Northwestern Energy officials say their planned $250 million natural gas power plant in Laurel will help address a growing capacity deficit and bring jobs to the area.
“The key piece here is that It will help us keep the lights and on and help us blend in renewable energy which is intermittent in our portfolio,” John Hines, vice president of supply and government affairs for Northwest Energy, said this week.
The Butte-based utility announced their plans Tuesday.
If all goes as planned, the 175-megawatt natural gas plants would be online by the start of 2024. With the future of coal very much up in the air and the wind not always blowing, Hines says the natural gas power plant will play an important role, increasing capacity and reducing the risk of volatility in prices for customers during extreme conditions. The plant isn’t intended to run all the time, mostly only when temperatures are very cold or hot.
“We are around 600 megawatts short, to put in a relative term. Almost 40 percent of our entire portfolio is dependent upon the market and if you look at what happened in Texas when they were dependent upon the market, we don’t want that to happen in Montana. In fact, some of those residents had a $10,000 fee for one month just because they are on the market,” said Hines.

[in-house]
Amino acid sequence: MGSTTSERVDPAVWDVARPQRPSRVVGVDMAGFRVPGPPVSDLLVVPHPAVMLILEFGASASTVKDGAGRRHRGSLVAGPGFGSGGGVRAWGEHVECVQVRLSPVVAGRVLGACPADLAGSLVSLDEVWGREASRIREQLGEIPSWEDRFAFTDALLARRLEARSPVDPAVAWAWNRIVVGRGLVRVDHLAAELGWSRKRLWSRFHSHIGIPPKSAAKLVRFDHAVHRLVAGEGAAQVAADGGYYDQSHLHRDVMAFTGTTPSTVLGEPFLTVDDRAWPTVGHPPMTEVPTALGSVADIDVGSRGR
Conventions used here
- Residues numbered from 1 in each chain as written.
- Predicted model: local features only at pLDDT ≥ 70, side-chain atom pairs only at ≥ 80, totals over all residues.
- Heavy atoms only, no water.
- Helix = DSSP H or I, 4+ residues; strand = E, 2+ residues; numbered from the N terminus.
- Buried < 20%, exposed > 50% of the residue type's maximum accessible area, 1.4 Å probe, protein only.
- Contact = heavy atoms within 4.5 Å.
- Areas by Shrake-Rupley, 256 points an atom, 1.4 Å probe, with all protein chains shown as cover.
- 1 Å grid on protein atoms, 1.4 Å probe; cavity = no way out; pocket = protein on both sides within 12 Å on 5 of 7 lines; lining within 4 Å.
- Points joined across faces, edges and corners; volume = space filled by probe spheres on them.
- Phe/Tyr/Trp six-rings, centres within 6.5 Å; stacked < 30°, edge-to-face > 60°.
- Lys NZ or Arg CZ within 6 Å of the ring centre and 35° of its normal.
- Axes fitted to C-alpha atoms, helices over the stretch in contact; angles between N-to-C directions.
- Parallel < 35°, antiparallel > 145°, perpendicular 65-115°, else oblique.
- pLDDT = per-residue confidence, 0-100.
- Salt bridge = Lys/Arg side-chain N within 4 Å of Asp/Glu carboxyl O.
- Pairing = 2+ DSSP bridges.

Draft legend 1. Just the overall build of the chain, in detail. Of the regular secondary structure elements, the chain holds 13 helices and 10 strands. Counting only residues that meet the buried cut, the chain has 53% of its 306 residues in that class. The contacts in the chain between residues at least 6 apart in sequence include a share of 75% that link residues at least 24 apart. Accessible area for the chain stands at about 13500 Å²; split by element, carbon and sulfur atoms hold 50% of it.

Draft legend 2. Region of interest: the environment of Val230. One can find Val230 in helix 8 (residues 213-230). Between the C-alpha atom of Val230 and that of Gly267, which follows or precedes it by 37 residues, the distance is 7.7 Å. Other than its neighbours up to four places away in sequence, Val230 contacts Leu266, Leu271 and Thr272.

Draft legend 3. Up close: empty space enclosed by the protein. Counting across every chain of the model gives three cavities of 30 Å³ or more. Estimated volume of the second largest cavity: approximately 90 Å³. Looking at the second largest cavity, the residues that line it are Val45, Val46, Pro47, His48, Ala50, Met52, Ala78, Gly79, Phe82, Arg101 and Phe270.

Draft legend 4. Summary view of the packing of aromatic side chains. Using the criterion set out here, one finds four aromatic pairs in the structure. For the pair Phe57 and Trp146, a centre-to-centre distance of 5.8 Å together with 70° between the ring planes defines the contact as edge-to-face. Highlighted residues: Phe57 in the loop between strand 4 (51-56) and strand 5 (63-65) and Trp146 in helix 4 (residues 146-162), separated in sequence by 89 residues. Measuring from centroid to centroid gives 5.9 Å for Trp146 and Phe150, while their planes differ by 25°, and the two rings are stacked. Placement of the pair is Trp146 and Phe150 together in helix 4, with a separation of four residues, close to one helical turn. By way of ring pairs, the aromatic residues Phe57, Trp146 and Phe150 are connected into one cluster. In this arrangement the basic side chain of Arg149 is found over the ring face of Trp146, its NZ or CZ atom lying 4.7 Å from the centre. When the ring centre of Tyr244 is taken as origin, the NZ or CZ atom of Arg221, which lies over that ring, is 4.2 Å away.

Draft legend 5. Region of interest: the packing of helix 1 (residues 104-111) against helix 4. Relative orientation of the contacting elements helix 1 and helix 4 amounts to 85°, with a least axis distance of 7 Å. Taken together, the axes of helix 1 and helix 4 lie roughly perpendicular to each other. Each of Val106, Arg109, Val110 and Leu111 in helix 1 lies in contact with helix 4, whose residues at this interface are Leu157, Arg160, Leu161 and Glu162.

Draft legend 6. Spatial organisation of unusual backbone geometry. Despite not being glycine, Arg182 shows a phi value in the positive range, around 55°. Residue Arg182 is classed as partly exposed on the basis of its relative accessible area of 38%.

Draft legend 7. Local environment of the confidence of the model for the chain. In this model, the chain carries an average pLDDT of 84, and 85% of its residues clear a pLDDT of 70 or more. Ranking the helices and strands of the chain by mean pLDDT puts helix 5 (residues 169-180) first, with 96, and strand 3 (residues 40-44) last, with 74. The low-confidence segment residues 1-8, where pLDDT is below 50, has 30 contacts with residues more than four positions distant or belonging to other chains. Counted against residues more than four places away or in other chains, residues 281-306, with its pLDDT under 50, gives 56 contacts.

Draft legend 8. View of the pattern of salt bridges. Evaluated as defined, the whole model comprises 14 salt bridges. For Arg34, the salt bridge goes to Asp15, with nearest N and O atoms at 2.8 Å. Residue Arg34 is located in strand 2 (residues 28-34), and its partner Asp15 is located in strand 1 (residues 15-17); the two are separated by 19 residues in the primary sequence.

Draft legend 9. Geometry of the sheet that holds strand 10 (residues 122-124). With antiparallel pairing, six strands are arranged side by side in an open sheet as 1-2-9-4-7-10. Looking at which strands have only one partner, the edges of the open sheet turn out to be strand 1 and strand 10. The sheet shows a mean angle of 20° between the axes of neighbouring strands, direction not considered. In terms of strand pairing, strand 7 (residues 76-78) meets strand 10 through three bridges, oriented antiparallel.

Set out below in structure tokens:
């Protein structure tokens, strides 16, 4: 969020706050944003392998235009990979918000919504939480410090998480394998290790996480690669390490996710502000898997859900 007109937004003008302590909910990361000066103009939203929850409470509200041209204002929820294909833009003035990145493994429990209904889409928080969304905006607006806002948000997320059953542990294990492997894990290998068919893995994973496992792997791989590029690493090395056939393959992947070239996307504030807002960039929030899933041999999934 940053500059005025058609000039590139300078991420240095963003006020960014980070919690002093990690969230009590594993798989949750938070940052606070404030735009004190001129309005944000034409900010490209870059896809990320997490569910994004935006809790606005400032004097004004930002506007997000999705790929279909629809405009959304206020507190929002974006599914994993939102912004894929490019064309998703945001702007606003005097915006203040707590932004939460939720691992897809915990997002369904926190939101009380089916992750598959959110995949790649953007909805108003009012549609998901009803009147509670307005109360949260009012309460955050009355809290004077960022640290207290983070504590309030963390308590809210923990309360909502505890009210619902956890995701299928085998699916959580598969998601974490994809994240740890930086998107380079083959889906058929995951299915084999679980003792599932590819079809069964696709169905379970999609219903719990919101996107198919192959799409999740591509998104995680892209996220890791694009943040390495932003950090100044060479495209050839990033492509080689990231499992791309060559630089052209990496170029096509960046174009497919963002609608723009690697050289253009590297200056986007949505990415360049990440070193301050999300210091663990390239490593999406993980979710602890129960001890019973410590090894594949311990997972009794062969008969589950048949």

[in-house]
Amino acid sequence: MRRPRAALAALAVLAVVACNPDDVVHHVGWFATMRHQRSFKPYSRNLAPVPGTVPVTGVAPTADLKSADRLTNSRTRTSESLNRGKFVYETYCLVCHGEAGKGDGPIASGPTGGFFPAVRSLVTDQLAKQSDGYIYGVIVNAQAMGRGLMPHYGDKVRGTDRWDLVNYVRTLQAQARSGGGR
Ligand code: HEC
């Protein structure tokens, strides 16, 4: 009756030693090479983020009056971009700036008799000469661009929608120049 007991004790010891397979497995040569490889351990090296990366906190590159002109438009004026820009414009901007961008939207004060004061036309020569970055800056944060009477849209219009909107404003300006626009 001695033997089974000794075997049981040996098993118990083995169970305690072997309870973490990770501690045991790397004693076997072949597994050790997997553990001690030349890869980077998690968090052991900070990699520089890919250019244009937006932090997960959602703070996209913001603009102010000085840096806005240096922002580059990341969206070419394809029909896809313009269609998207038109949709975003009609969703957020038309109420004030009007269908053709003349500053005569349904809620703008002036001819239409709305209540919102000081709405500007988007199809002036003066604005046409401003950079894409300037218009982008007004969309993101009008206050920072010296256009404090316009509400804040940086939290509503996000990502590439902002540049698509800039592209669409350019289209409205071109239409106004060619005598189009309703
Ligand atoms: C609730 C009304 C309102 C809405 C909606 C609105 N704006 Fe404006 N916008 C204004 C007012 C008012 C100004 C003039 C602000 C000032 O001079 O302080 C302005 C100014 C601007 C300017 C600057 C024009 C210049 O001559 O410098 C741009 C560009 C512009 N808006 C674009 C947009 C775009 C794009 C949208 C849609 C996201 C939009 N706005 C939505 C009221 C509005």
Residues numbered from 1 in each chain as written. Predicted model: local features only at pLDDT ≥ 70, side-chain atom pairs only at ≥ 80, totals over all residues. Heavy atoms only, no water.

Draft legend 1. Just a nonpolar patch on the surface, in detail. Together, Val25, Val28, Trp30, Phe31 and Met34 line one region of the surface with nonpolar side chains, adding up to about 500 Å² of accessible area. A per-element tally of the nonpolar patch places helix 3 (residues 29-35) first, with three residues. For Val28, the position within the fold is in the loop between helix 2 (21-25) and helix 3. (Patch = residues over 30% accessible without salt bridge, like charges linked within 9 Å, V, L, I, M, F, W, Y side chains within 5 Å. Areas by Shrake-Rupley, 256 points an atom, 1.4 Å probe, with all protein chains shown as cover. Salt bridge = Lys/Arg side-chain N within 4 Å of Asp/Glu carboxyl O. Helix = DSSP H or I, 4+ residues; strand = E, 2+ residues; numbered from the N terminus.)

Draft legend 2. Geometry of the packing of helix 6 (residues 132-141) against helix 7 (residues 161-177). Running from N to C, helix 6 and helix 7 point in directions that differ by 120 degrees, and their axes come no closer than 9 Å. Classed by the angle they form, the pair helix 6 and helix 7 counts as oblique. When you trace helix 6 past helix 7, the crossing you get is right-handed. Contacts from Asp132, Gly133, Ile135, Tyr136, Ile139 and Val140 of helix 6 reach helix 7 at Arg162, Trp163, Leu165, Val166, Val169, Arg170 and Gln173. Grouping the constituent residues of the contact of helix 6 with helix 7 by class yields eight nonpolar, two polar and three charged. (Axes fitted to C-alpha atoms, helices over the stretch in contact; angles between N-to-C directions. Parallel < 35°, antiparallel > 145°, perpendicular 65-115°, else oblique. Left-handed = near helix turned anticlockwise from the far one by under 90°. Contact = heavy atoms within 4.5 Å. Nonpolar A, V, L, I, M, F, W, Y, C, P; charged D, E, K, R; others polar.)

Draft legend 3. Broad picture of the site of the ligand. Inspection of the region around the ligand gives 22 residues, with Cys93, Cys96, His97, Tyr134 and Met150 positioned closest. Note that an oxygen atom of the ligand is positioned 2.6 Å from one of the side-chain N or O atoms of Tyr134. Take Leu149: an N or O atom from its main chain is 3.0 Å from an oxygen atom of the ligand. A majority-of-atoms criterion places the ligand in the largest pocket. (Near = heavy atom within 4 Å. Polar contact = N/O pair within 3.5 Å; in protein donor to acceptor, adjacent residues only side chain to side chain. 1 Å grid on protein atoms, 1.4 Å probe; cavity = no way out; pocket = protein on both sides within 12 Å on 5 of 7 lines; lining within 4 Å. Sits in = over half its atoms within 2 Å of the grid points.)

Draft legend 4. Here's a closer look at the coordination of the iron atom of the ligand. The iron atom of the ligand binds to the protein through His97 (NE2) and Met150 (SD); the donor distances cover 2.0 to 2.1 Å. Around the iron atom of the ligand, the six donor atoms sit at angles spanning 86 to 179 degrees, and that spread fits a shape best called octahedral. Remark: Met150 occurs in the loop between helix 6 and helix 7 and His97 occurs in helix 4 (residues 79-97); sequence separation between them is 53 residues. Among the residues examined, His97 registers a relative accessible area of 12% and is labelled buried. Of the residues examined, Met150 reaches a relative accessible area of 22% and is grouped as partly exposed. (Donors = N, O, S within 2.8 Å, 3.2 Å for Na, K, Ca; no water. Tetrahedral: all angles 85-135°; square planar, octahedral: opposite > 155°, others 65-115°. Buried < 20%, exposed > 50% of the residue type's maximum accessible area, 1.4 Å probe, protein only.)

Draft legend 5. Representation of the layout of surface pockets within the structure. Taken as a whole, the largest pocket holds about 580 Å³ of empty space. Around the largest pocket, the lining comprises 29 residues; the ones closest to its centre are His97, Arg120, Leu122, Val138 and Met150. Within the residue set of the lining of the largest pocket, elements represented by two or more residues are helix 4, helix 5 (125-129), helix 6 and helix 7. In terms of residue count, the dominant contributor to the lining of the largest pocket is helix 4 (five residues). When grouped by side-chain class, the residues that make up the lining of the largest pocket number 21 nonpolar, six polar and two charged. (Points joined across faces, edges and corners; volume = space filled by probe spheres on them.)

Hines says the plant will be state of the art for air quality and will be located in a non-residential area of Laurel. He isn’t saying just where yet until all the contracts are finalized. It is expected to create a lot of jobs at least in the short term.
“We are expecting hundreds of jobs to be created during the development phase and we are looking at over a year of construction time. We have been working with the contractor to make sure as many local people can be hired as possible. They are also working with the local union shops to ensure that we can hire as many union people as possible. And then afterwards, we are looking at probably 10 or 12 highly skilled jobs," he said.
Natural gas-fired power plants are considered to be much cleaner than coal-powered plants but still release carbon emissions. The plant still needs regulatory approval, and the company anticipates it will take around nine months.